Self-catering guide to Quimper
PUBLISHED: 16:26 08 October 2013 | UPDATED: 15:01 15 December 2015
With the help of Michelin-starred chef Gilbert Guyon, Victoria Trott discovers the food and drink that makes Breton gastronomy so distinct
It is 8.30am and along with a dozen locals I am queuing at Stéphane Salaün’s fish stall in Les Halles Saint-François, Quimper’s covered market. Sardines and mackerel, their blue scales glinting under the light, fan out on the ice along with about 20 other species. Dressed in trawler-friendly waterproofs, Stéphane chats to his regulars as he fillets a cod with speed and precision.
“Cornouaille, like the rest of coastal Brittany, is all about fish and Stéphane’s are the best,” Gilbert Guyon tells me above the hubbub. I am accompanying Quimper’s only Michelin-starred chef on his daily shopping trip to learn about the food of south-west Brittany, an area also known as Cornouaille after the Cornish saints who settled here. And where better to start than the market? “This place is an inspiration,” Gilbert says, “almost everything here is locally or regionally produced and it’s particularly wonderful on Saturday mornings.”
The market contains around 50 stalls, and Gilbert, whose restaurant L’Ambroisie, has had a Michelin star for two years, takes me to his favourites. Fromagère Ingrid Leost’s offerings include several regional cheeses which are recognisable by the black and white Breton flag, Gwenn-ha-Du, stuck in them; try the mild goats’ cheese Ménez- Hom. Les Vergers de la Campagne sells only apples, many from the region whose main season is September and October. The Le Berres set up their home-grown vegetable stall on a table in the central aisle every morning. BaraBio makes organic breads including a brioche-like pumpkin variety and multi-grain baguettes. Passion Gourmande is the place to go for drinks, with its stock of ciders, beers such as Tri Martolod from nearby Concarneau and liqueurs including Kremmig, a creamy concoction made with cider brandy.
I wish it was lunchtime so I could go up Mont Frugy for a picnic with a view over the town or relax with a snack in the Jardin de la Retraite. Instead, I cross the canal-width River Steir to Place Terre au Duc with its timber-framed buildings. Thanks to an e-guide by local writer Wendy Mewes (www.wendymewes.com), I learn that the square was heavily damaged during the 16th-century Wars of Religion. But there’s no obvious evidence of that now and the area is busy with tourists exploring the pretty capital of the Finistère département.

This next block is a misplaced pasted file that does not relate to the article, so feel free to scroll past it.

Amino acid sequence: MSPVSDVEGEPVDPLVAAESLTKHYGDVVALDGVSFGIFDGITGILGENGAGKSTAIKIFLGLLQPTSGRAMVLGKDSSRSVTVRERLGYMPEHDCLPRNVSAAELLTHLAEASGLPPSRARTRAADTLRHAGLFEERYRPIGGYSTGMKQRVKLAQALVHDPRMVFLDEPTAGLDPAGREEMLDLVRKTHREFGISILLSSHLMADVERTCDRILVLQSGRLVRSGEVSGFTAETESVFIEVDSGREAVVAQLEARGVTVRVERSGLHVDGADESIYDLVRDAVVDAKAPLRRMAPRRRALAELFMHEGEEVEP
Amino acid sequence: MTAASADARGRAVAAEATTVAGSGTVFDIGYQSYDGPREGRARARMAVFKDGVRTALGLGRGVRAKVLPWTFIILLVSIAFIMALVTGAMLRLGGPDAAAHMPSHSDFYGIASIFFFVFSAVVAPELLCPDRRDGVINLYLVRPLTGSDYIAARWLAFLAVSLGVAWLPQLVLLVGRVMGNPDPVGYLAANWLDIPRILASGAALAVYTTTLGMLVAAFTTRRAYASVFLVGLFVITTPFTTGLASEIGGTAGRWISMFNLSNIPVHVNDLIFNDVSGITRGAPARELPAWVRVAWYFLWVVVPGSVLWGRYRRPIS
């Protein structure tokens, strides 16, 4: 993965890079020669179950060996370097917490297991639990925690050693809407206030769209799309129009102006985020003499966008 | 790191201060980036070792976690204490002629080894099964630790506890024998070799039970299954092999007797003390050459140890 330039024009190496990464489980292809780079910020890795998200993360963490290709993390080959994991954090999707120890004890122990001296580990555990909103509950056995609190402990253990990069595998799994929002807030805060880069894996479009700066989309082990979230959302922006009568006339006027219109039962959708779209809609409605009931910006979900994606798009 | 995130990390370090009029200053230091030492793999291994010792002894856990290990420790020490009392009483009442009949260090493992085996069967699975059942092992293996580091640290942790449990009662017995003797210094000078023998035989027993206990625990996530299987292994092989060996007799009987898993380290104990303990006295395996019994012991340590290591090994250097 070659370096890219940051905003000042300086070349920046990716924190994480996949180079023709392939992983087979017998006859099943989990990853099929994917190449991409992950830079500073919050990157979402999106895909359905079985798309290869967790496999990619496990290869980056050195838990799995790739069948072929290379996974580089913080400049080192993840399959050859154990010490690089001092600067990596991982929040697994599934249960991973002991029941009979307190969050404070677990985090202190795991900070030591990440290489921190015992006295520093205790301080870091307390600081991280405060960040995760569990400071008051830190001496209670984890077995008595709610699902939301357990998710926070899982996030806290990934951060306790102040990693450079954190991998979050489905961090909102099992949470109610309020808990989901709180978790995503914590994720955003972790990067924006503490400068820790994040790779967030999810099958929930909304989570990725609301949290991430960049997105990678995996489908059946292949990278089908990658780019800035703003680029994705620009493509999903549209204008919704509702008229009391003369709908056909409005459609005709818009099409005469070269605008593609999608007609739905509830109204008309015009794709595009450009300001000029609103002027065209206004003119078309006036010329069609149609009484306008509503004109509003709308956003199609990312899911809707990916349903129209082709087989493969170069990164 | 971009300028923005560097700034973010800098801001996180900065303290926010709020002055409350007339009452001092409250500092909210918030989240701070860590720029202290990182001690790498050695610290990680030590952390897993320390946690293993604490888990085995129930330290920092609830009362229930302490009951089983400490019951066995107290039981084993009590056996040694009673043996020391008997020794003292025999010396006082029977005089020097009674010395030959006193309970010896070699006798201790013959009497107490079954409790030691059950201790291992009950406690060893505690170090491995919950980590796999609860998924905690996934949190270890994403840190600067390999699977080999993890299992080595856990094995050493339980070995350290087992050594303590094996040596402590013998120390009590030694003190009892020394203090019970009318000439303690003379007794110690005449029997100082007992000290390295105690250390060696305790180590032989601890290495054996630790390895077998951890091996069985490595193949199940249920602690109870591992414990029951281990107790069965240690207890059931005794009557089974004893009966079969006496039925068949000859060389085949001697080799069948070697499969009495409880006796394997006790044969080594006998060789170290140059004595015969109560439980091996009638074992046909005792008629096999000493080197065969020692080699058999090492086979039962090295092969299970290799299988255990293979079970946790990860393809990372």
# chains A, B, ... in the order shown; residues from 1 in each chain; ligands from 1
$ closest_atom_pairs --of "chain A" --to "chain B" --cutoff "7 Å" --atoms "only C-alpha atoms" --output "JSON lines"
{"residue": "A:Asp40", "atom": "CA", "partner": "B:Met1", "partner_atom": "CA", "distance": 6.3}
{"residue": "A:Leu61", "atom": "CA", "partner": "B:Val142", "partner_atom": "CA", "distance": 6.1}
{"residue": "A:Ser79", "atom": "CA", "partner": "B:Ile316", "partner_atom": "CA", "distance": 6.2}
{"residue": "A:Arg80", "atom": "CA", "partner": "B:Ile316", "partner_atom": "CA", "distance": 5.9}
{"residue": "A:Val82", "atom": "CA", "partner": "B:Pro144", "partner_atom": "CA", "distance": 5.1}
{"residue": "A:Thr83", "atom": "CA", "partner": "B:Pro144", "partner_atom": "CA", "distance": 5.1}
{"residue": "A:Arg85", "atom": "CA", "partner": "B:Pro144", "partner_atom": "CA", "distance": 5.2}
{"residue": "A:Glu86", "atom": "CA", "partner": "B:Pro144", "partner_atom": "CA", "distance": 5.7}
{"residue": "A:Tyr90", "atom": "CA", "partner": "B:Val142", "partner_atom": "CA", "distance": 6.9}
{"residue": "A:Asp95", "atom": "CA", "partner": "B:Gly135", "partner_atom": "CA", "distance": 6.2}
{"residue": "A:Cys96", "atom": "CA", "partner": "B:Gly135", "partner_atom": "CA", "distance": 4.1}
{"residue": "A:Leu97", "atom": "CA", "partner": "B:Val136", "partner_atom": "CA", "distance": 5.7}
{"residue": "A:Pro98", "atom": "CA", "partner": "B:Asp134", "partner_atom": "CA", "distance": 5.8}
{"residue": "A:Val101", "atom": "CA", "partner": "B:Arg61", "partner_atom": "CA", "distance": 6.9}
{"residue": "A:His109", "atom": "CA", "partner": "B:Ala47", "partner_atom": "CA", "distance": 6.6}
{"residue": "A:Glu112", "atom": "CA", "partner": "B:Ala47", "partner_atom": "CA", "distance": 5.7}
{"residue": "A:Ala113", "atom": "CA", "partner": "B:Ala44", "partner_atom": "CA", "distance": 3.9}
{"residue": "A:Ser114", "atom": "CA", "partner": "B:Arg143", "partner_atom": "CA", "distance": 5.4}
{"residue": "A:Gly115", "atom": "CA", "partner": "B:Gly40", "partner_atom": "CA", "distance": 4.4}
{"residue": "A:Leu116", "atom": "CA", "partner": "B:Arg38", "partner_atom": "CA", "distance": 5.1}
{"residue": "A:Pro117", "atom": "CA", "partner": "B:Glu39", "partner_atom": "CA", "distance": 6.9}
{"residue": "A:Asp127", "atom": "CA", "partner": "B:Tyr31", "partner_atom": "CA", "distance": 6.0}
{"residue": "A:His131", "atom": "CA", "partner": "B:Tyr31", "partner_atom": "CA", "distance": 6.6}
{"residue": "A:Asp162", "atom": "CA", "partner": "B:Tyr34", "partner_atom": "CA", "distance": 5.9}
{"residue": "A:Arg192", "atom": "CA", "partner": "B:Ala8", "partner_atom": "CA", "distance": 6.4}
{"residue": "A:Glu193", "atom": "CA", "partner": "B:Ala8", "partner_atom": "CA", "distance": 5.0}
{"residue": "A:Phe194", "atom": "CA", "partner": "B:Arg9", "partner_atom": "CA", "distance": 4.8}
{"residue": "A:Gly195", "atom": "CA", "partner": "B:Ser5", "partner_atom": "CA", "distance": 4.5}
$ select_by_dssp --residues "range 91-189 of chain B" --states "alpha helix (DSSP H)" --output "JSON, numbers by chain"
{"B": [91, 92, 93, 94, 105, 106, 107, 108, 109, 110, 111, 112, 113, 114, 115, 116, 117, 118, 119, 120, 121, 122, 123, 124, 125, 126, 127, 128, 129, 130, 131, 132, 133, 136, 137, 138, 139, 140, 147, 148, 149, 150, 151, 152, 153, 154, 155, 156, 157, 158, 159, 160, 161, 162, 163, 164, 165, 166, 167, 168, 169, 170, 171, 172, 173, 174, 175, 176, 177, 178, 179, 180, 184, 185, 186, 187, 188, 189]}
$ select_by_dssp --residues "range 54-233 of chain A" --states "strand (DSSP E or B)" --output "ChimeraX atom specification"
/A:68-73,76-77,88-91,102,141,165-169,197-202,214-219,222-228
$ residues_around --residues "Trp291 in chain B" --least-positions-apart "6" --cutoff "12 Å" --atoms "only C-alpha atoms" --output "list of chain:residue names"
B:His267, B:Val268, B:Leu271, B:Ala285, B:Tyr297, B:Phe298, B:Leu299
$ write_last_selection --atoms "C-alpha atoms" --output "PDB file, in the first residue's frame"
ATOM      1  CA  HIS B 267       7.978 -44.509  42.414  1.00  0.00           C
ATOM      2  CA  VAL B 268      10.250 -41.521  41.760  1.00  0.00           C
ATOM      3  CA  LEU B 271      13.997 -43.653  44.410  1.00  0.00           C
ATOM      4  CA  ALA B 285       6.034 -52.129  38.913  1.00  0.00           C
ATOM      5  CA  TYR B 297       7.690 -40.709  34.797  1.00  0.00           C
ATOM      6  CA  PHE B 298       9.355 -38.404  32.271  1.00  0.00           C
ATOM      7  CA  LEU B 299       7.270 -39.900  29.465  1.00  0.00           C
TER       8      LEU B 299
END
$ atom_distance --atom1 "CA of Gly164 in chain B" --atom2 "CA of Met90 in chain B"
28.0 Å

The smart glass façade of L’Épicerie Fine hides a treasure trove of regional goodies. Owner Corinne Frabolot explains: “We only stock small producers who are passionate about what they do. For example, La Compagnie Bretonne du Poisson in Saint-Guénolé, one of Cornouaille’s major fishing ports, has been preserving fish by hand for three generations – they even put the name of the boat and port that the fish came from on each tin.”
I notice the dried pasta. That’s not very Breton, surely? “Ah yes,” says Corinne. “It’s made by an amazing young man called David Le Ruyet based in Morbihan who grows his own wheat and makes his pasta in moulds that he had made in Italy. He sells the pasta all over France and supplies top restaurants in Paris.”
I leave with a box of Balade en Bretagne (Chinese oolong tea flavoured with salted butter caramel) from France’s oldest tea company, Compagnie Coloniale, and pork terrine made by Ravalec in Bénodet. Brittany is France’s main pork-producing region, so pâté and other porcine dishes are widely available.
The most famous pâtisserie in town is Les Macarons de Philomène, France’s leading maker of these tasty morsels, which has an array of different sweet treats. Then, after a quick espresso with the owner of Torréfaction du Steir – the place to go to buy coffee and tea – I walk along the River Odet to the historic quarter of Locmaria.
On the opposite bank to the main town, this is the oldest part of Quimper. Locmaria is noted for its 11th-century church; the medieval garden, one of France’s Jardins Remarquables; famous pottery maker H B Henriot, which was founded in 1690; and La Biscuiterie, where I am heading.
Here you can watch the bakers make crêpes dentelles (long, flat biscuits) by hand and choose from hundreds of cakes and biscuits including kouign amann (butter cake), far (prune flan), crakou (brittle biscuits with caramelised nuts) and crêpes. Brittany is France’s main milk-producing region so most of its sweet specialities are made with copious amounts of butter.
Anyone who has been to a crêperie in Brittany will know that the most popular accompanying beverage is cider. The region is France’s second-largest producer after Normandy and one of the best makers, Manoir du Kinkiz, is based in a charming country house set in 30 hectares on the outskirts of Quimper.
The company’s best-known products are the AOP Cornouaille (cider) and AOC Pommeau de Bretagne (cider brandy), both of which have won gold medals in national competitions. Owner-producer Hervé Seznec, who is showing me around, says: “We are all about tradition – traditional varieties of apples and methods of cider-making. This, coupled with the distinct climate, has been the key to our success.” The Manoir regularly organises guided tours and tastings, but those without transport can buy the products in Passion Gourmande in Les Halles or L’Épicerie Fine.
With that, my whirlwind stay in Quimper comes to an end, so it’s au revoir, or as they say in these parts, kenavo Quimper; not goodbye.